Abstract (of the research)

This paper explores into semiotics of Nepalese mass media, especially the television commercials which display a sort of obsession with portraying men-women relation in a manner that caters to male voyeuristic gaze. The structuration of the Nepalese television commercials shows how an all-pervasive psychological force gears to monopolize the audience of the television commercials -- i.e. the belief that only males are the audience -- by positioning the women characters therein as passive sexual objects who can only exhibit to-be-looked-at-ness and the male characters as the principal viewer.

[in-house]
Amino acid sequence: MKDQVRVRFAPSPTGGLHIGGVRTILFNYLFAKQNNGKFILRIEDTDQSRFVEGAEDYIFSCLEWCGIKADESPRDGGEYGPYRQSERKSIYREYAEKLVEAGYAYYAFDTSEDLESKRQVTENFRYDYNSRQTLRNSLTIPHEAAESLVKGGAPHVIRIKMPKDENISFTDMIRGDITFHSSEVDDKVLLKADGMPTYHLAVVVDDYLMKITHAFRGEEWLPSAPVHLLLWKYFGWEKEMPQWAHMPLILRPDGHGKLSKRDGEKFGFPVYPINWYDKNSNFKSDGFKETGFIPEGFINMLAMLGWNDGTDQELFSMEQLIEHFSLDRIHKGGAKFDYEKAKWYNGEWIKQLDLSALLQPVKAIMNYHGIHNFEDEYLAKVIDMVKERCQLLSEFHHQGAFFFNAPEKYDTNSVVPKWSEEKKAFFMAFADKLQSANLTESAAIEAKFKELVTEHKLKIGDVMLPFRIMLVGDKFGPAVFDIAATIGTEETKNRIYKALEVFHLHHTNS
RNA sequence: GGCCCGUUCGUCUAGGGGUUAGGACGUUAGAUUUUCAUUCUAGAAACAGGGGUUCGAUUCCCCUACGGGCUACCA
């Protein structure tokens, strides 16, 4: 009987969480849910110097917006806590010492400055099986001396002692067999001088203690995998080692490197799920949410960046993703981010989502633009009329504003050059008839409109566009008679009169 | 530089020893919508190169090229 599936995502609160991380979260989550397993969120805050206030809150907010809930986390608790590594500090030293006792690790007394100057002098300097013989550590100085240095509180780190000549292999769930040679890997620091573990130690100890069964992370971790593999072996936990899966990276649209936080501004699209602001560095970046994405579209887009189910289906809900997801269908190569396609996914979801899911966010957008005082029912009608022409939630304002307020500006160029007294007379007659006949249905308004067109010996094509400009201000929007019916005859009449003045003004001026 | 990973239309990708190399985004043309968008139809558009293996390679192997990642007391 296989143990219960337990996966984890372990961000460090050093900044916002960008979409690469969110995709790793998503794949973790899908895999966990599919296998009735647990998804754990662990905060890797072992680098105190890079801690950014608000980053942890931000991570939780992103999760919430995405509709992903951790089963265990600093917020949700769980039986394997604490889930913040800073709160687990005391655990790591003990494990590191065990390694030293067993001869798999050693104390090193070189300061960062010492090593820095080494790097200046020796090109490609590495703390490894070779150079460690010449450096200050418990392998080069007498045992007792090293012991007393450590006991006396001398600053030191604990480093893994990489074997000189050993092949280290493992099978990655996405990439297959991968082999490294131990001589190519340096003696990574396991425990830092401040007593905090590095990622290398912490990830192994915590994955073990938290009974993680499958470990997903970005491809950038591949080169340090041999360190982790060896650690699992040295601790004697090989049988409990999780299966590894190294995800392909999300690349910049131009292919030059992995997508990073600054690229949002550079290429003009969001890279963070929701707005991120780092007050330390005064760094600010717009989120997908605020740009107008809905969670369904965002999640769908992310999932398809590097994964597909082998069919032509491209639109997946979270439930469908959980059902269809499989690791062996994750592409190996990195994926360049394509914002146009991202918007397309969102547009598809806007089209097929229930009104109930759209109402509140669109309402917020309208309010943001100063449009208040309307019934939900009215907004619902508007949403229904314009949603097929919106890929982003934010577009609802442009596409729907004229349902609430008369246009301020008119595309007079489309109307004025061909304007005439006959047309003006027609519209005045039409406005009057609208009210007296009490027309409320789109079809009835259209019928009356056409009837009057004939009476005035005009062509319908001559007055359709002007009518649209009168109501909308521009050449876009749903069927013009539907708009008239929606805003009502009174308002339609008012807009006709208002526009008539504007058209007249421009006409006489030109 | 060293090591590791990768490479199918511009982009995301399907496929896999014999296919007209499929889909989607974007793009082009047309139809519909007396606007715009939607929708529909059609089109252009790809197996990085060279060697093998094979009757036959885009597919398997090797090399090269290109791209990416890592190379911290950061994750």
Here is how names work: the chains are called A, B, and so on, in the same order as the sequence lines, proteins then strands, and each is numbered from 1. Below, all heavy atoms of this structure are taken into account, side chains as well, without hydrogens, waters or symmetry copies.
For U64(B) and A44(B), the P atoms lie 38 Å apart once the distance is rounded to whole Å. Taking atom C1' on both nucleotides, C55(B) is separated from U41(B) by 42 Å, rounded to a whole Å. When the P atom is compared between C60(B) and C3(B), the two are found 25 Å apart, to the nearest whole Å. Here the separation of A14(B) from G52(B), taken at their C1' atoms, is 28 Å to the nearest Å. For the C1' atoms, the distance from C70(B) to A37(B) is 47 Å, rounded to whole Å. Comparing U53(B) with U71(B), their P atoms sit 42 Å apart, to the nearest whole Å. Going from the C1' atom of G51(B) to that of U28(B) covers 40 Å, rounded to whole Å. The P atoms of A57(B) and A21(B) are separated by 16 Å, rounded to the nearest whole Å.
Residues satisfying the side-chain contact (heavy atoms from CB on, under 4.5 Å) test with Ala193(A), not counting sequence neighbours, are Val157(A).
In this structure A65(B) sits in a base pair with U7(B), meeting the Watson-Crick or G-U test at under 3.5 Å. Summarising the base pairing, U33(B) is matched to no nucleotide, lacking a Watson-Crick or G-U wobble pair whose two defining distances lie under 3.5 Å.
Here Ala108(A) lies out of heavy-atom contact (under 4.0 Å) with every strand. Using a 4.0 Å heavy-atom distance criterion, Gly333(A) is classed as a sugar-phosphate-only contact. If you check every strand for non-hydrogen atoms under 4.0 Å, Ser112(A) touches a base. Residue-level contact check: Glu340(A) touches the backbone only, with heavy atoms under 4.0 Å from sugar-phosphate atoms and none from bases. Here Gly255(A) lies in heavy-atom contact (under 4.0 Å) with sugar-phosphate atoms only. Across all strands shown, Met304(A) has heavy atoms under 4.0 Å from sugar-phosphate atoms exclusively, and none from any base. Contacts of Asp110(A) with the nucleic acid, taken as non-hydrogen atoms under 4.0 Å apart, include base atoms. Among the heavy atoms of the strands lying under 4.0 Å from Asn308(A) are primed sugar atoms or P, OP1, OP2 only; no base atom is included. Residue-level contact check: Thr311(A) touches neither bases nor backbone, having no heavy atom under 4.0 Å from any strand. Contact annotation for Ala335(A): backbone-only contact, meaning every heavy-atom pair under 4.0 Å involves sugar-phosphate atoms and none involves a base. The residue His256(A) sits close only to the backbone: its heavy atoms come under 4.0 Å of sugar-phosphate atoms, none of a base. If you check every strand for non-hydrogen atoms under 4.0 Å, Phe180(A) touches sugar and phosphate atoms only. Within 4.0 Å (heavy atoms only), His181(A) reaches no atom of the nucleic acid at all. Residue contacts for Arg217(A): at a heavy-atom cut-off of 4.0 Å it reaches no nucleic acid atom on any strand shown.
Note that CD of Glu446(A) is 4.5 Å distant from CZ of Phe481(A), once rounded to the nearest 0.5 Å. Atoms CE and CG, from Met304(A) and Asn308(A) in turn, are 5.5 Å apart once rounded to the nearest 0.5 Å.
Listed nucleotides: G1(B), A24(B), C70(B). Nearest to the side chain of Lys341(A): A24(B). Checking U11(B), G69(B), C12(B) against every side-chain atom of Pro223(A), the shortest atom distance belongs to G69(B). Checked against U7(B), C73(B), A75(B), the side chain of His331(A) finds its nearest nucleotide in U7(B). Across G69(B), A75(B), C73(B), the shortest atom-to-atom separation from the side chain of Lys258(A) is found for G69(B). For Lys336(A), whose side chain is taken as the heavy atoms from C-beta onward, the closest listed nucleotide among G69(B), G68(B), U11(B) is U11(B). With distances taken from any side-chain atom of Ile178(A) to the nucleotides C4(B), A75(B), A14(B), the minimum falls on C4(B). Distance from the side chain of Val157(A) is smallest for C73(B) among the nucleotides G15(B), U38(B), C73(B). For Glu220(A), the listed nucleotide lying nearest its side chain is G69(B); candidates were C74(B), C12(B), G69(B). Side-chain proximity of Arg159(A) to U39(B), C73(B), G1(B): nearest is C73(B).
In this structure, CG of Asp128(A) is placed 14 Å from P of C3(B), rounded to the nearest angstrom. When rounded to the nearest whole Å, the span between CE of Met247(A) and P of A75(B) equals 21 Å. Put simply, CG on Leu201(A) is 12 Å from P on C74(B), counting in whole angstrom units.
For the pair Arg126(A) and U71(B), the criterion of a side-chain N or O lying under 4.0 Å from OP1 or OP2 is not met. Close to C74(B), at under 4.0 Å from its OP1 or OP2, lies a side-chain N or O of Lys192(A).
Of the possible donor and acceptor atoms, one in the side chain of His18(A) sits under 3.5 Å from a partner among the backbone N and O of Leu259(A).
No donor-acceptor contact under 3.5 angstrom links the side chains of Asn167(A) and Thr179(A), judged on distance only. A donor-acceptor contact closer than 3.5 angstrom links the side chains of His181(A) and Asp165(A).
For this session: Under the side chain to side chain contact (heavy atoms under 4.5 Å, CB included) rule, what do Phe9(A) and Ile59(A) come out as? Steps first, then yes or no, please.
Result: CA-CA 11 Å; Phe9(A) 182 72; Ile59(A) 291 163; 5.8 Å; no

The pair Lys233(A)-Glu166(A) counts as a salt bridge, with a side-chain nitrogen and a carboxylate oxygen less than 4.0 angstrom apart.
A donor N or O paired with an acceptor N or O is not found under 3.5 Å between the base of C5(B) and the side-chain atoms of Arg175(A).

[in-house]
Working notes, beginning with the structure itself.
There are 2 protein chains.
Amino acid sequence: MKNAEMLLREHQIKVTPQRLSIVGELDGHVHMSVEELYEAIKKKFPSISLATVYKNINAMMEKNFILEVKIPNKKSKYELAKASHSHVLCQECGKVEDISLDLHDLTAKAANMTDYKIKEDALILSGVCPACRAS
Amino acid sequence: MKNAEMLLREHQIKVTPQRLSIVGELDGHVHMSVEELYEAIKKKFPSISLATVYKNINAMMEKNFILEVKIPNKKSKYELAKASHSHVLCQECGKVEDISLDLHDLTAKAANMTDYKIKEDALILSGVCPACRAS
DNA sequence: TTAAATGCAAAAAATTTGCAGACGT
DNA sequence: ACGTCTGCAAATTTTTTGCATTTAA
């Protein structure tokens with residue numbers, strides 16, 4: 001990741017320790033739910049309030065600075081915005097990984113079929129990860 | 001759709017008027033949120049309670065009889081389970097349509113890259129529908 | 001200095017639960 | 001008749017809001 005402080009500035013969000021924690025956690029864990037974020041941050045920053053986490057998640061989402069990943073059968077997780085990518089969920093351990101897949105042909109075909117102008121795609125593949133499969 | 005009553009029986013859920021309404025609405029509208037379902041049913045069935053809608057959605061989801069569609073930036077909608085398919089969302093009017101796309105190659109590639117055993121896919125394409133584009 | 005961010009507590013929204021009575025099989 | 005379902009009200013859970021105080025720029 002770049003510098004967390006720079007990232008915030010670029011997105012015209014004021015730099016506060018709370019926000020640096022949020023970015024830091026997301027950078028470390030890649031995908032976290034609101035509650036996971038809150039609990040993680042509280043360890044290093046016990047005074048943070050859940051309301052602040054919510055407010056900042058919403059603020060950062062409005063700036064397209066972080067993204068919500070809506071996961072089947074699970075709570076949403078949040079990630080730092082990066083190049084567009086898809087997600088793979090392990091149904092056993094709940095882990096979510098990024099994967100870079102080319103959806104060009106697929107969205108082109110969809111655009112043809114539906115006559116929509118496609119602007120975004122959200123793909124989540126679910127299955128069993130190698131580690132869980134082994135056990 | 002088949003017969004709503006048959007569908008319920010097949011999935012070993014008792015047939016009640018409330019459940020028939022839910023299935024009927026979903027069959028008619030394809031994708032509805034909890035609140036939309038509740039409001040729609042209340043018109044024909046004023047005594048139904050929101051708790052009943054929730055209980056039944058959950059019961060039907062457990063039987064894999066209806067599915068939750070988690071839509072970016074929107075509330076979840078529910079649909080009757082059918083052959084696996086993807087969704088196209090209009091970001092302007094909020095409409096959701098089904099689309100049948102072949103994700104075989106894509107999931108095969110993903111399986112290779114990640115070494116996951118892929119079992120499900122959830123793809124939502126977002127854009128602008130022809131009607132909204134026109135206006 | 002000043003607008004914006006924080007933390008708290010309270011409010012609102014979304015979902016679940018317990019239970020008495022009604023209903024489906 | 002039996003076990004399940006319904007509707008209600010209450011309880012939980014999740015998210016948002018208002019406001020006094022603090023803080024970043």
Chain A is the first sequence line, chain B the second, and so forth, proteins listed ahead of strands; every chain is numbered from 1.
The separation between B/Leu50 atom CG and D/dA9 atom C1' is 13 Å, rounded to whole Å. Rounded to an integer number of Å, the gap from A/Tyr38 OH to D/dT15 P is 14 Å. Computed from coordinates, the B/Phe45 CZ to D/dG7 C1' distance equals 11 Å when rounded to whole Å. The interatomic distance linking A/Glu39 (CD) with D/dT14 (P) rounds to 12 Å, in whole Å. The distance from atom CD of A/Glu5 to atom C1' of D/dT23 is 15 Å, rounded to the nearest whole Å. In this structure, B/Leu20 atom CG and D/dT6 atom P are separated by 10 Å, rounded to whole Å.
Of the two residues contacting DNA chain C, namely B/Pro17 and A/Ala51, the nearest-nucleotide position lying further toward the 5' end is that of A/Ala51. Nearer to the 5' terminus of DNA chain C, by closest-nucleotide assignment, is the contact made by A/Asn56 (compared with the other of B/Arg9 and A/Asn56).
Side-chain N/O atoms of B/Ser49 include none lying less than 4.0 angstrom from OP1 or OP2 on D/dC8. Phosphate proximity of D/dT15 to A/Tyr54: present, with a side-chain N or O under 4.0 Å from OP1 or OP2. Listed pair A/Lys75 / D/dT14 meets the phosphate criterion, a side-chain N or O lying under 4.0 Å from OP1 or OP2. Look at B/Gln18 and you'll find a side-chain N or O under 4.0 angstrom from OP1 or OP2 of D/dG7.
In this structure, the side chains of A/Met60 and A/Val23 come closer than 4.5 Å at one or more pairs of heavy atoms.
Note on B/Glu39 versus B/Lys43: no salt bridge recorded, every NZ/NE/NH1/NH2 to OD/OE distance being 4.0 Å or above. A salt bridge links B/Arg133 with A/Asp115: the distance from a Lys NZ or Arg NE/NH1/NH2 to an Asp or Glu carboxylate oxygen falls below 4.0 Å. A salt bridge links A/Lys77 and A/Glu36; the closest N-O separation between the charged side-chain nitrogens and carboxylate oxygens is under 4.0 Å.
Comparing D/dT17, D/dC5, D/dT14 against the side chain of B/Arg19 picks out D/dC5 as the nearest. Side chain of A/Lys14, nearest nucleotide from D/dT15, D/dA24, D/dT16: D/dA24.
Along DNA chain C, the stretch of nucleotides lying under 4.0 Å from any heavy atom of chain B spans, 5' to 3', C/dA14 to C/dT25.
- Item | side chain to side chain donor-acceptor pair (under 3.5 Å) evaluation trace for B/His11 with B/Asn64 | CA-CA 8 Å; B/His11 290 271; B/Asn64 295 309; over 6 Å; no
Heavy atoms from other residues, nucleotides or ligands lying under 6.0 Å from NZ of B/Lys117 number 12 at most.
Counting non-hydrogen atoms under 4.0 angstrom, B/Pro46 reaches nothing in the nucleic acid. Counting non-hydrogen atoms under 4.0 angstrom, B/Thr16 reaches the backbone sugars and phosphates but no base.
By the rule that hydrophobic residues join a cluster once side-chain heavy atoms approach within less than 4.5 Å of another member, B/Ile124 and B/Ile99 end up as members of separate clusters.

This paper examines the Nepalese television commercials with the theoretical possibilities provided by the psychoanalysis, where the idea of voyeurism and fetishism are central, and the Focauldian concept of gaze, where the activity of looking images under certain spectacles provide privileged power for dominion over what is being looked at. The research thus takes on to explicate how the combination of these two effects in Nepalese television commercials leads to ideological formations.

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